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Silk Road Cemetery Discovered in China

November 25, 2014

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Archaeologists have discovered a 1,700-year-old cemetery on China's fabled Silk Road.

The cemetery is near modern-day Kucha, in the northwest area of the country. Now in Aksu Prefecture, Xinjiang, Kucha was in earlier times the largest of dozens of western kingdoms in a region known as Xiyu or Quici and an important destination along the Silk Road, a network of trade routes that linked Ancient China and Ancient Rome. Kucha, on the northern edge of the Taklamakan Desert, was also an important early center of Buddhism.

The archaeologists, from the Xinjiang Institute of Cultural Relics and Archaeology, excavated 10 tombs in all. Seven of the tombs were large brick structures, the most notable of which still contains carvings of mythological symbols. The symbols, which represent Earth's four seasons, are the Black Turtle of the North, the Azure Dragon of the East, the Vermilion Biard of the South, and the White Tiger of the West.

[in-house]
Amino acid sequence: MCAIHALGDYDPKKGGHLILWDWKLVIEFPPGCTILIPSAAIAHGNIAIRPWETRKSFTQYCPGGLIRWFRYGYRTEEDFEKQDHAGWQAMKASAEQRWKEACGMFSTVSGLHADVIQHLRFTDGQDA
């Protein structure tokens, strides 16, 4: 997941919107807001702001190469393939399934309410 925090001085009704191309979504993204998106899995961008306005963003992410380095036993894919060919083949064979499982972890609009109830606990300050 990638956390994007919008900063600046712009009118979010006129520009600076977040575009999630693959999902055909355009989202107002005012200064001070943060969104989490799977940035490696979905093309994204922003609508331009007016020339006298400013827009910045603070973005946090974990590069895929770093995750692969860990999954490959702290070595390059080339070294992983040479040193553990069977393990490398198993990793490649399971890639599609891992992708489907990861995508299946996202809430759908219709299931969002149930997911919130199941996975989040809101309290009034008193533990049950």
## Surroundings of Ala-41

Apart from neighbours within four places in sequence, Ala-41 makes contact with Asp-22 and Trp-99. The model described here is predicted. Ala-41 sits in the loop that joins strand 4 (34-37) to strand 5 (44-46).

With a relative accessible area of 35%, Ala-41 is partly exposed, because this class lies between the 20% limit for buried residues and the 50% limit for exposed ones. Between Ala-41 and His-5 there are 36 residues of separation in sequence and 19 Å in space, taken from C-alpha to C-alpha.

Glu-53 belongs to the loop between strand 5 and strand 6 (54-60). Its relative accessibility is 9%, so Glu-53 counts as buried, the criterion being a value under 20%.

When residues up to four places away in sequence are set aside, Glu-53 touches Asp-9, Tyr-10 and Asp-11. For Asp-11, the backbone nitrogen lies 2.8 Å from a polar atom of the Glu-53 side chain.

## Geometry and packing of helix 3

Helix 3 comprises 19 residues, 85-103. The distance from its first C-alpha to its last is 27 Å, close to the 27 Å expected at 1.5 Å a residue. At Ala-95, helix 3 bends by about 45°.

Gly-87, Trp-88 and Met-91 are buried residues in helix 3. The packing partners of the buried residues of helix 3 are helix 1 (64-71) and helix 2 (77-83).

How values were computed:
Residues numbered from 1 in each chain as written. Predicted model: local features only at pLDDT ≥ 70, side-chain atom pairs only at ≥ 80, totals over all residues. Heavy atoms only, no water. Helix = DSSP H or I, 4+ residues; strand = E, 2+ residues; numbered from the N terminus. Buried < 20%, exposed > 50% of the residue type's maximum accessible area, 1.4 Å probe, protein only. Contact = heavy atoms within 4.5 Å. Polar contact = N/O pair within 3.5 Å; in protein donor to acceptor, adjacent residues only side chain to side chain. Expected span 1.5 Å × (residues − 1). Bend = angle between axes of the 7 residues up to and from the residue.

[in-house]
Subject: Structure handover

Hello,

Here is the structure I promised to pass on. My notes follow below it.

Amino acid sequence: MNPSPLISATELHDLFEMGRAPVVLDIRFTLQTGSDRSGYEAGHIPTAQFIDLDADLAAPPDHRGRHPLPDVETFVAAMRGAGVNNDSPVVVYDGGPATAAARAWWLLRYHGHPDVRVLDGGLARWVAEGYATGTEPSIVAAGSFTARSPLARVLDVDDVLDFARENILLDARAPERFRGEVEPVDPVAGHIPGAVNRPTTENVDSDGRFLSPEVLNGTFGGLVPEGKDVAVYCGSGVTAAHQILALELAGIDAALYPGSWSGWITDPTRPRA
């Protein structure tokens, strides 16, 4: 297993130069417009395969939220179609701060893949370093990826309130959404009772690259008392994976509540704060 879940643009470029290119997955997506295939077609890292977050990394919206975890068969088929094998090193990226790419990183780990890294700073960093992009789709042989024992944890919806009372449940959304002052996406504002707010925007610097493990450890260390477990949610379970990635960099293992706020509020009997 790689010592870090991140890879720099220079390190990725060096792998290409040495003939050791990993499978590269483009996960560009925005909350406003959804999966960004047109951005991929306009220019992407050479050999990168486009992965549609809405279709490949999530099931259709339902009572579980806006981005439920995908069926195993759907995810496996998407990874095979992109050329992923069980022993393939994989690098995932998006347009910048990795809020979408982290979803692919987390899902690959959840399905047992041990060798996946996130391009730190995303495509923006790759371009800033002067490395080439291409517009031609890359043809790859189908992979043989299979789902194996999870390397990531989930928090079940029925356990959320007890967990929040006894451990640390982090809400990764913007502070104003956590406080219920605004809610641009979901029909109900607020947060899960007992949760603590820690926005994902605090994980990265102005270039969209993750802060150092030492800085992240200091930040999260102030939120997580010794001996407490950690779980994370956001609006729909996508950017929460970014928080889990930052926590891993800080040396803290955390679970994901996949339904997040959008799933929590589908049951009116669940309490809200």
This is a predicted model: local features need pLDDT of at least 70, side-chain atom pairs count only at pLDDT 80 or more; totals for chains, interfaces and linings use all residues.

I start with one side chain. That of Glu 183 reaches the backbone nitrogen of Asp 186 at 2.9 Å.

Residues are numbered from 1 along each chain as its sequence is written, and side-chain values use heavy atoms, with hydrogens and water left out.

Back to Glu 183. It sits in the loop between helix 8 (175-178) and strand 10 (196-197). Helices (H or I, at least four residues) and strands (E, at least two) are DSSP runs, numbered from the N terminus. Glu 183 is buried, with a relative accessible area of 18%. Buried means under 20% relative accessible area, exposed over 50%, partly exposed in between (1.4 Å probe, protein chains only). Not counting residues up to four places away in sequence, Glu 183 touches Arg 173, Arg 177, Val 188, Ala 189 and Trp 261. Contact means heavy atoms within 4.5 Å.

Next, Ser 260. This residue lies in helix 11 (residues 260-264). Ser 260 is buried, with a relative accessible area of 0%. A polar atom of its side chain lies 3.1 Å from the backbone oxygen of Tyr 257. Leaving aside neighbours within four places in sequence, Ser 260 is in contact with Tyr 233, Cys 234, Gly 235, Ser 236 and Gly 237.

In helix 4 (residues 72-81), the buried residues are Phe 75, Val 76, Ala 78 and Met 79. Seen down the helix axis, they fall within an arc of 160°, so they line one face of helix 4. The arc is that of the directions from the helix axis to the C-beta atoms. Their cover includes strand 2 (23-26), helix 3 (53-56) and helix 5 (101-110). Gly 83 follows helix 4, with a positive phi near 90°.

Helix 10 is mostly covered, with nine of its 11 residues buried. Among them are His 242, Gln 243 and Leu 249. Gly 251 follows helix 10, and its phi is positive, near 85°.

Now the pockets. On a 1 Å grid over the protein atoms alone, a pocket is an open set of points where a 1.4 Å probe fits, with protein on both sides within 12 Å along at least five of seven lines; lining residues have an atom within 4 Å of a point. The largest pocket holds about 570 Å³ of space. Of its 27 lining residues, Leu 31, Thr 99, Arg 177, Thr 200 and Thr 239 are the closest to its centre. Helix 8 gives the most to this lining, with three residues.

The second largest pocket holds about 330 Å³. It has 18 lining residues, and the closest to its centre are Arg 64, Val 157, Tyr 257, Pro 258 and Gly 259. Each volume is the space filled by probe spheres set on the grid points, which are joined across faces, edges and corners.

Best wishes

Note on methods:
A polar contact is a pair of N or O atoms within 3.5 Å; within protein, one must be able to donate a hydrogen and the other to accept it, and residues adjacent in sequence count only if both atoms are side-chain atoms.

The tombs were likely reused, archaeologists said, and so the identities of the original inhabitants might be difficult to ascertain.

Excavations began in 2007 and were reported in a Chinese-language science journal, Wenwu, some time later. The English-language story of the discovery features in the inaugural issue of the journal Chinese Cultural Relics.

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